You’ll have the opportunity to hear the journey of accredited writers, as well as schedule a face-to-face assessment where you can discuss your own journey and get solid guidance on your next steps. 

The Iceland Writers Retreat, for example, is led by New York Times bestseller Ann Hood and one of Foreign Policy magazine’s “Top 100 Global Thinkers”, author Chigozie Obioma

Or if you’re a woman who would like the solidarity of other female authors, give the Women Reading Aloud retreat a shot. Workshops are led by bestselling author Jaqueline Sheehan and poet Julie Maloney

Rise Up To Risks

If you’re feeling a bit boxed in with your writing, it may be time to take some risks and try new things. 

“New” is a recurring theme of writing retreats — new ideas, new faces, new tools and new places.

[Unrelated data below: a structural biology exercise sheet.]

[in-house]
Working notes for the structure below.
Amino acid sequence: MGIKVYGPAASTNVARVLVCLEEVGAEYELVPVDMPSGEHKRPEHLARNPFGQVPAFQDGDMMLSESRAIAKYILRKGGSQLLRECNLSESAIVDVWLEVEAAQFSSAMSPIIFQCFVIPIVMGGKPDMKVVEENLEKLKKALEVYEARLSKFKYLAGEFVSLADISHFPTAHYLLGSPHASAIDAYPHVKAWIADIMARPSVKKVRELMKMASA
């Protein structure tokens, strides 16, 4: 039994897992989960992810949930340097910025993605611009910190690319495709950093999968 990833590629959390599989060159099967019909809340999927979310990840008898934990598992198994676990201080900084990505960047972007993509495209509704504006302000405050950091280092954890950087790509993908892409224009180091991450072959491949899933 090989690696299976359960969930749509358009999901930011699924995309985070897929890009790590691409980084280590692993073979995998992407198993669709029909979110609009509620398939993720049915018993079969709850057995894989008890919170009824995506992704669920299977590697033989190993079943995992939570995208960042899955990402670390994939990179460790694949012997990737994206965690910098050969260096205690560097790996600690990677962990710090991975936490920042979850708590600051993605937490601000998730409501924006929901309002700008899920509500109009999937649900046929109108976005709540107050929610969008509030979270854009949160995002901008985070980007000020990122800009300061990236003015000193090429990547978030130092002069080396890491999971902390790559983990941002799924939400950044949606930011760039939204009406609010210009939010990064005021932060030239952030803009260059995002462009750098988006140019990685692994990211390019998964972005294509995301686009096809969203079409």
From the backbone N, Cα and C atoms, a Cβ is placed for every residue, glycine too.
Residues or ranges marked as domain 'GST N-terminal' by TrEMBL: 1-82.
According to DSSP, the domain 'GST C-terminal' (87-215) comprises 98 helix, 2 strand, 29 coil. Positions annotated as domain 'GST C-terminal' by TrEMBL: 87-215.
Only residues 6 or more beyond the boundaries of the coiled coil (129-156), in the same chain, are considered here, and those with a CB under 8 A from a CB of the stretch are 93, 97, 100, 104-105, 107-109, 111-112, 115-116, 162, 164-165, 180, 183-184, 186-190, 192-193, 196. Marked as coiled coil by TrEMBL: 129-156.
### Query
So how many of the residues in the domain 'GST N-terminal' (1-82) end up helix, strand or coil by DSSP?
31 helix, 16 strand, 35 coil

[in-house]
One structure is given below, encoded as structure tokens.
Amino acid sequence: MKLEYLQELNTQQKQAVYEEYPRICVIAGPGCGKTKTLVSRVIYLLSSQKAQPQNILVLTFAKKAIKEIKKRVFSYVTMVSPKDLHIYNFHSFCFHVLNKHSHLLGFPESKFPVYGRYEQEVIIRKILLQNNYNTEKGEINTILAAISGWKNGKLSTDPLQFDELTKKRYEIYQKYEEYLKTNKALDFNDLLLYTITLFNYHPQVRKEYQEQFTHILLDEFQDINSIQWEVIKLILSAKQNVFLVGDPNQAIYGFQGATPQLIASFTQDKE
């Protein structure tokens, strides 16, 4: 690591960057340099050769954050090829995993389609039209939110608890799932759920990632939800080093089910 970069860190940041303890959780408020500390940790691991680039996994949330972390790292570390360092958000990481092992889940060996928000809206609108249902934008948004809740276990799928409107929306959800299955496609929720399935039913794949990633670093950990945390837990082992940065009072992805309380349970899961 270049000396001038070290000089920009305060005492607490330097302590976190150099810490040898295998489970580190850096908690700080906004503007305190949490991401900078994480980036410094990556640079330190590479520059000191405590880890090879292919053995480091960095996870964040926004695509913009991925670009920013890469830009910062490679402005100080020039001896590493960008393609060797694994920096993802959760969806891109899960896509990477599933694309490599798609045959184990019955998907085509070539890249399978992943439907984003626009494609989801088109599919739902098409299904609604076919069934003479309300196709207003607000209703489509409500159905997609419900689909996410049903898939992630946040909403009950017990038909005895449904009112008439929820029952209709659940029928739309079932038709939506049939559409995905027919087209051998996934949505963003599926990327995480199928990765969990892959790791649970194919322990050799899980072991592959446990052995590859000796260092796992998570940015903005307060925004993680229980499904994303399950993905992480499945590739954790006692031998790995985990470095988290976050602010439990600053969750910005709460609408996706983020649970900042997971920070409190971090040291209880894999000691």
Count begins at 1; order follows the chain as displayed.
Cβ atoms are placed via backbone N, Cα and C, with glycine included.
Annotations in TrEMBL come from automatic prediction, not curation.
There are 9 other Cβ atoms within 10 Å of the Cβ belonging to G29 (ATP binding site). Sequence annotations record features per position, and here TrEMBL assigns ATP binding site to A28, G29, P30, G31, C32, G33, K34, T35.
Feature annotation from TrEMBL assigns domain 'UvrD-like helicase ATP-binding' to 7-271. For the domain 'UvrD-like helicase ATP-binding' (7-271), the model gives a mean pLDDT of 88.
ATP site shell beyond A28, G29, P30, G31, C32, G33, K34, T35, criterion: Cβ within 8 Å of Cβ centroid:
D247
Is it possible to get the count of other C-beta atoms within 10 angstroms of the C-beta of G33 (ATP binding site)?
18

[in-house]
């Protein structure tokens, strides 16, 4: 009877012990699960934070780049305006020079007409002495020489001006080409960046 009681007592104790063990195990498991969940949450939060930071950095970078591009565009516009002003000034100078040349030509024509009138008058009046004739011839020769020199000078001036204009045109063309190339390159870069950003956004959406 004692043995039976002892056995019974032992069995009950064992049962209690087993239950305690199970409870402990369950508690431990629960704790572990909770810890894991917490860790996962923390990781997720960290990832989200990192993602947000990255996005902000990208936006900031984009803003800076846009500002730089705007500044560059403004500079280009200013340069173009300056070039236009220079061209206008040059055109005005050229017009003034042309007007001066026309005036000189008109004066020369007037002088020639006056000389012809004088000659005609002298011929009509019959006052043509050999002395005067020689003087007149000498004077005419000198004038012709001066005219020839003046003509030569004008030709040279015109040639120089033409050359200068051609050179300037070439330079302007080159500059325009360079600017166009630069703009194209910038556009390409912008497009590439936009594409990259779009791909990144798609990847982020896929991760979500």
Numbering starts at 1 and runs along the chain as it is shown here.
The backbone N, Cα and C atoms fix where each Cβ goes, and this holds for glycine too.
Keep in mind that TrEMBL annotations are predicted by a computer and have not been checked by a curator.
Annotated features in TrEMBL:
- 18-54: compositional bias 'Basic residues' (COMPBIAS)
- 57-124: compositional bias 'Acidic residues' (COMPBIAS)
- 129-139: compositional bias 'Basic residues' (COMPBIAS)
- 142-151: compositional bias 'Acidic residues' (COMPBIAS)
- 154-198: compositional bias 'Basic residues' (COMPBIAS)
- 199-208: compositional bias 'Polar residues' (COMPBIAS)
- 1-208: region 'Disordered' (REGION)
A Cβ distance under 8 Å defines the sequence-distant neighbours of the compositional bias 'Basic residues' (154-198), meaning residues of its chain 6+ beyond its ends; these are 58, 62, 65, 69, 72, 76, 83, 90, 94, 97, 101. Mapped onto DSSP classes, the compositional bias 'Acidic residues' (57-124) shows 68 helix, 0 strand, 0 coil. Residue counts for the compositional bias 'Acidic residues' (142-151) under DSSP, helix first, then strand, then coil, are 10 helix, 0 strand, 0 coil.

Taking the risk of going on a writing retreat surrounded by new landscapes and peers is a huge step in taking a risk in your writing endeavors. And the more risks you take, the more you see your true potential, and the bigger you dream. 

How to Choose a Writing Retreat

Like any vacation or conference, not every writing retreat will be for you. To choose one conducive to your goals and life experience, consider the following:

Setting: Think back to a time when you felt inspired by your surroundings. Was it a trip to the rainforests of Thailand? Perhaps it was simply floating around on a kayak in a lake nearby. What about it made you feel that sense of awe? Chances are, there’s a writing retreat in one of these settings.